That said, our home teams actually came out looking good in several respects, although improvements could be made in others.
The most notable news of local import was the praise that RMMW heaped upon KVUE. The ABC affiliate was one of only four stations "whose newscasts stand out for quality, intelligence and creativity," the report says. RMMW is especially fond of KVUE's stance on crime coverage, noting the station policy, instituted in 1996, that restricts coverage to those incidents which actually have a significant impact on the overall Austin community. "KVUE-TV remains the number one rated station in Austin [actually, NBC affiliate KXAN has since passed KVUE] and is an inspiring model for TV stations that want to wean themselves from the excessive violence that has come to characterize so many newscasts," the report states. KVUE was also praised for a story on citizens' views on downtown growth, expansion, guidelines, and bond issues. RMMW said the story was "not only well done" but also "help[ed] empower the viewer with tips, advice, solutions and actions."
KVUE was not beyond reproach, however: It was also among several stations criticized for obnoxious, "whooshing jet-like sound effects," and for chest-beating self-aggrandizement for constantly letting us know that it won the award for "Associated Press's best newscast in Texas." The report also needled KTBC ("Fox-7") for the jet noises, but mistakenly credited that station for constantly beating us over the head with the "First. Best. Live." slogan (actually, that's KXAN). "Humility is not a major trait of local newscasts," the report moans.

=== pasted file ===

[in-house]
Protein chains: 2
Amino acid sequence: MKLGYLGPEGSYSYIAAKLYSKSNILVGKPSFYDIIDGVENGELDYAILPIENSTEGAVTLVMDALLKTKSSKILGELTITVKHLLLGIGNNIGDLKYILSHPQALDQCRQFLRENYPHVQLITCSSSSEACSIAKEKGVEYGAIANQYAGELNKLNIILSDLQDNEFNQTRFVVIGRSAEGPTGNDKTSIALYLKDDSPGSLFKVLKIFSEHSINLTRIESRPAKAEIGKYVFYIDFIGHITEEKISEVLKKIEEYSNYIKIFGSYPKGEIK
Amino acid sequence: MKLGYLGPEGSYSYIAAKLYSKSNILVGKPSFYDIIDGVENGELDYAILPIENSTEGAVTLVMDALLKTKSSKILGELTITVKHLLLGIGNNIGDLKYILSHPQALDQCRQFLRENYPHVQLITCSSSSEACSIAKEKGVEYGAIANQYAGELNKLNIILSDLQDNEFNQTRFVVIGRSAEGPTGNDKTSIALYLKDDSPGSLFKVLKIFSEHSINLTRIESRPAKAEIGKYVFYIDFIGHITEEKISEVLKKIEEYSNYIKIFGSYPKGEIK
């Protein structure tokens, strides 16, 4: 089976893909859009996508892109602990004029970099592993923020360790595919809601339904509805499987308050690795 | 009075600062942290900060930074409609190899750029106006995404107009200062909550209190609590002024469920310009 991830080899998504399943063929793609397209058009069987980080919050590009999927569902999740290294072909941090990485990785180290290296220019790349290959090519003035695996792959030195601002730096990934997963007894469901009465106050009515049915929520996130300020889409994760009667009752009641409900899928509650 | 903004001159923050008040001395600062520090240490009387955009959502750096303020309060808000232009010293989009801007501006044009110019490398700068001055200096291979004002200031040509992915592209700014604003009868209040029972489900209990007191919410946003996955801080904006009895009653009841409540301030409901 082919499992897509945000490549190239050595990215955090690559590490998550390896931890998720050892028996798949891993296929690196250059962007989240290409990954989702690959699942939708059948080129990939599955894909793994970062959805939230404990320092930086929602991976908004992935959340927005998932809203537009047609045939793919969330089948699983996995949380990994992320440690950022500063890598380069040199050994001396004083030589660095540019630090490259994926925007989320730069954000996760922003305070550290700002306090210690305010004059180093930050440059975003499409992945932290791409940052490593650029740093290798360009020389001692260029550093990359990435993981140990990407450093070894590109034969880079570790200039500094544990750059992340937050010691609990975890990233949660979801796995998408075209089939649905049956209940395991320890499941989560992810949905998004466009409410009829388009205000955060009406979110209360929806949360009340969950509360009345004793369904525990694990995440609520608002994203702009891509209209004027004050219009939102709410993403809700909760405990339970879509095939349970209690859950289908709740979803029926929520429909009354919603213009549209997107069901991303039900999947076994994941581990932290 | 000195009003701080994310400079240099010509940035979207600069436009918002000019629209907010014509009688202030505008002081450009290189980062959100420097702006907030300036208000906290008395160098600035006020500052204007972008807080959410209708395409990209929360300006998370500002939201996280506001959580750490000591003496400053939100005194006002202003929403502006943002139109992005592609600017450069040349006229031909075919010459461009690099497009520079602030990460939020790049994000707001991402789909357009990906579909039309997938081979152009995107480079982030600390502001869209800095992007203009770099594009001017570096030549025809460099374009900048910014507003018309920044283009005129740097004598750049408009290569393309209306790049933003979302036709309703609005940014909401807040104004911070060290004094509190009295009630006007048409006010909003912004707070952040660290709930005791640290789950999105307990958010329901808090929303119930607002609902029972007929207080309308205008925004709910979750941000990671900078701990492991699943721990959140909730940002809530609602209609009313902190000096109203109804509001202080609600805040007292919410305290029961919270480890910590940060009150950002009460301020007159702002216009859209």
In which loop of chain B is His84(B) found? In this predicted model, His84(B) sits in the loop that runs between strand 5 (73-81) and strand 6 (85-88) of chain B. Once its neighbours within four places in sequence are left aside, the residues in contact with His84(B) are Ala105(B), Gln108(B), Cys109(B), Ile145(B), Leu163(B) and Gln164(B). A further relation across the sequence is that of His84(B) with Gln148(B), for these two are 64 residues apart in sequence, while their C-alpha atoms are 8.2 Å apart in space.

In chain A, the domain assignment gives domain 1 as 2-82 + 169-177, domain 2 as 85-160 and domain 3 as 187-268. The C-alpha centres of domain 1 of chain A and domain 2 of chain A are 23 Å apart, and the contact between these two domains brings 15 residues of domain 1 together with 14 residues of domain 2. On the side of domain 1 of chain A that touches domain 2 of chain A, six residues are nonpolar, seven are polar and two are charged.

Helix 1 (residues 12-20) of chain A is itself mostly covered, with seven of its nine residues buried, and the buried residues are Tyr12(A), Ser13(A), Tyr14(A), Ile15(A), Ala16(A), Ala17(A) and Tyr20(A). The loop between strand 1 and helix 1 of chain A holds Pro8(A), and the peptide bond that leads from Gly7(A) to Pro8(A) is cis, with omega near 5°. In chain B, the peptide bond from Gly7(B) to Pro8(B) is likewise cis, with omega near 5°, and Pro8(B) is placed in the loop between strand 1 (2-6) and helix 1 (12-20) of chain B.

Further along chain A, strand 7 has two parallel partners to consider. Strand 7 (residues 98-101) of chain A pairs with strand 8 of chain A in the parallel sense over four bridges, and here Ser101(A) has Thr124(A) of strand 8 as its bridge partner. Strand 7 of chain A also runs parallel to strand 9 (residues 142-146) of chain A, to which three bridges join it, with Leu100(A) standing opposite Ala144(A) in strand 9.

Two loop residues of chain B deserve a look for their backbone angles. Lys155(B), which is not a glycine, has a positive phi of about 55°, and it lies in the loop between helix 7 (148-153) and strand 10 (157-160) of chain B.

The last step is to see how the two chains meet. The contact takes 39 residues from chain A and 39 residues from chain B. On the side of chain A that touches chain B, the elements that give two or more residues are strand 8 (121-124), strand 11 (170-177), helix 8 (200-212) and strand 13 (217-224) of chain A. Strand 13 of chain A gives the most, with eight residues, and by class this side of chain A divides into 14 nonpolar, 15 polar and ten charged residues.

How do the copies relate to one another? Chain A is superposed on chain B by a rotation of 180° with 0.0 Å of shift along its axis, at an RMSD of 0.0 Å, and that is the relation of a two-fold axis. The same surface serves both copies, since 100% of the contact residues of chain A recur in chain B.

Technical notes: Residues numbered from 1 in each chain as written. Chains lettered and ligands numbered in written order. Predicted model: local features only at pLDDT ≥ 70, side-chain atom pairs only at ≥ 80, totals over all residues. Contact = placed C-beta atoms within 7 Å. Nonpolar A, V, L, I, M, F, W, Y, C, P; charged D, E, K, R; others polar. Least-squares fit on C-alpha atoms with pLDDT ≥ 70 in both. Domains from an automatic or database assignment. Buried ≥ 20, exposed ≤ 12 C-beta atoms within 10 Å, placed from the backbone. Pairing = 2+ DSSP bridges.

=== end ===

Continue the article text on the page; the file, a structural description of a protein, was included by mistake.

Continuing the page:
Interestingly, the report doesn't mention that KVUE was not our city's leader in limiting crime coverage on this particular viewing night - KXAN only spent 4.4% of its total news time on crime (almost the best in the nation), compared to KVUE's still-commendable 13.4%. Perhaps that is why KXAN has moved to the top of the ratings.
Fox-7 also squeaked under KVUE in crime percentages with 13.2%, but we can only conclude that RMMW caught them on a good night. When "Media Clips" did a similar, but week-long, study two months earlier (Feb. 20, 1998), we found that crime averaged 36% of Fox-7's news hole. K-EYE, the CBS affiliate, was the lone scare-monger of the night, with 36.4%, making it the 24th highest among the 102 stations.
K-EYE did a little better in the overall mayhem rank (crime and disasters combined) - since it only showed crime, its 36.4% put it at 56th. The other stations, meanwhile, were excellent: KVUE was 93rd (15.9%), Fox-7 was 95th (13.2%), and KXAN was 97th (11.4%).